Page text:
Summer 2016

Training Future Leaders in Refugee Health

In June 2016, the Canadian Collaboration for Immigrants and Refugee Health welcomed 32 first-year medical students from across Canada, Cairo and Beirut to the fourth National Summer Institute on Refugee Health in Ottawa. The intensive one-week program focused on helping student leaders gain knowledge and tools to develop and lead outreach programs that support refugee health.

Photo of the 2016 Summer Institute on Refugee Health participants Participants of the fourth National Summer Institute on Refugee Health, which took place in Ottawa in June.

"Thanks to this program, doctors are coming together to train national and international student health leaders,” said Dr. Kevin Pottie, an investigator at the Bruyère Research Institute, University of Ottawa and a family physician at the Bruyère Family Medicine in Ottawa. “We are preparing future doctors for refugee care and providing refugee families with timely service, while also building future capacity to support refugees in Canada and beyond.”

Students gain experience in cross cultural communication skills, learn about post-traumatic stress disorder, and develop medical expertise by working with refugees and participating in workshops led by physicians and national and international experts in refugee health. The program was held at the Catholic Centre for Immigrants in Ottawa, and involves 100 refugees from as many as 10 countries who are living at the Centre.

“Being at the shelter helps the students become more comfortable being in this non-traditional environment,” said Dr. Pottie, who explained that students work in pairs and are matched with a family for the week. “The students are great ambassadors, they interact with the families, conduct grocery store field trips through a special nutrition program and share meals.”

Recognizing the acute need for mental health care among refugees, the program this year added training by Dr. Anne Mantini and Dr. Morton Beiser on a community-based intervention for refugees with post-traumatic stress disorder called Narrative Exposure Therapy.

Over the years the Summer Institute has resulted in a number of student-led and operated programs that support newly arrived refugees with resettlement. One initiative matches students with families who work together to create a “health passport” containing the patients’ vital details and brief health history that can be shared with medical personnel should they need to seek emergency medical care. Other programs focus on providing nutrition education and mental health support.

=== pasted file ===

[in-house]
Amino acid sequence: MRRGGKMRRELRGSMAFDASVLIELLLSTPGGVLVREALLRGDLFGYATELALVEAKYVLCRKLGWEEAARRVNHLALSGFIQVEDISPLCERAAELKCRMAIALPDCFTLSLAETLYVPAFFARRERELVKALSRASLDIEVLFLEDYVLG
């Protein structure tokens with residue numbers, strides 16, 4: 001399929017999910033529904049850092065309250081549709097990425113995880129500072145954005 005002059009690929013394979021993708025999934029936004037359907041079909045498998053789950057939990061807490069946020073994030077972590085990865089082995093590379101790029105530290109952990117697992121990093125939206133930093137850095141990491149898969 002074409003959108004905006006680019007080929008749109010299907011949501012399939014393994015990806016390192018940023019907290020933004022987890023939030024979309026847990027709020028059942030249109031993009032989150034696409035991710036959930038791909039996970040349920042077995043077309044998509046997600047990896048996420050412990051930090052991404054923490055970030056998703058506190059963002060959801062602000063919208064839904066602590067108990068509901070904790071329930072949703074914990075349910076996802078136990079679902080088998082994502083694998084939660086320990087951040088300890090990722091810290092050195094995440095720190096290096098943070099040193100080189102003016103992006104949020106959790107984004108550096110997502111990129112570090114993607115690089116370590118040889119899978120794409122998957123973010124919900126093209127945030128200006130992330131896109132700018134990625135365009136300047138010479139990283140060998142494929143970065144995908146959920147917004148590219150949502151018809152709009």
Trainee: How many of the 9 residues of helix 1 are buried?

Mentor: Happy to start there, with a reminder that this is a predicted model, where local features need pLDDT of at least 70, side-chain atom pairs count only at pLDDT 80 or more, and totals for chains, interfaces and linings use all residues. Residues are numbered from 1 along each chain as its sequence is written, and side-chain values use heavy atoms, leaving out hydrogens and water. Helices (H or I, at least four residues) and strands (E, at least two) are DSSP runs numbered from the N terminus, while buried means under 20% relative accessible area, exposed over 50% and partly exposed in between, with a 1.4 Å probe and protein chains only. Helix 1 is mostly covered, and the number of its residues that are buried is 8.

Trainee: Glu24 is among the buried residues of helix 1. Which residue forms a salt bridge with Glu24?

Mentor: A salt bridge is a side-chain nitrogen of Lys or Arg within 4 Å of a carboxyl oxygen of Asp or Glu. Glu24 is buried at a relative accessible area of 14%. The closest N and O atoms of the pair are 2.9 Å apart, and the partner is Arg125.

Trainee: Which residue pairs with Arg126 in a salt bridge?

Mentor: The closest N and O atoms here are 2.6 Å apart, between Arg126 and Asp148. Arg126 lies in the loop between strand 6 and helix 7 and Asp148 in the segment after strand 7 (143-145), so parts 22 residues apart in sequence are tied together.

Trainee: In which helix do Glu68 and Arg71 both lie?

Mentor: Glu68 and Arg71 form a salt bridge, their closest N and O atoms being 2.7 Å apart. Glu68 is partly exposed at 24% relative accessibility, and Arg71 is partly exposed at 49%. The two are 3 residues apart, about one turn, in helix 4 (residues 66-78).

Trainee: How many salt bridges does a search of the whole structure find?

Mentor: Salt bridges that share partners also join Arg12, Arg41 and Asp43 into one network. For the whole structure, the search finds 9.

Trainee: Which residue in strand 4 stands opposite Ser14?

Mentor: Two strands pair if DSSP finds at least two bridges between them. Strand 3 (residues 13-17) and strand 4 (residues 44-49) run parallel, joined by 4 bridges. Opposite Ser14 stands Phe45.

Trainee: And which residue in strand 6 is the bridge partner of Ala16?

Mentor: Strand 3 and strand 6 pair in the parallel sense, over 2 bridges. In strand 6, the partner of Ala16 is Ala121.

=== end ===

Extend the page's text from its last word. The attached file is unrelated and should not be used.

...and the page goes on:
The Institute is led by Dr. Pottie and Dr. Dale Gruner, also of the Bruyère Family Medicine Centre in Ottawa. The program featured workshops from Dr. David Ponka of the Bruyère Family Medicine Centre; Dr. Azaad Kass1m of the University of Ottawa's department of psychiatry; Heather Thomson, nurse practitioner at the Sandy Hill Community Health Centre in Ottawa, and Dr. Anne Mantini of the Centre for Urban Health Solutions at St. Michael’s Hospital in Toronto.

The Summer Institute’s students will continue to be involved with the outreach programs throughout their medical school career, remaining involved with some of the operational elements such as matching the next class with refugees, conducting research and fundraising and presenting their work internationally.

Since 2004 over 1600 program graduates have gone on to lead refugee health initiatives, nationally and internationally, in fields such as family medicine, pediatrics and obstetrics.

The OCFP is proud to have supported the National Summer Institute on Refugee Health.


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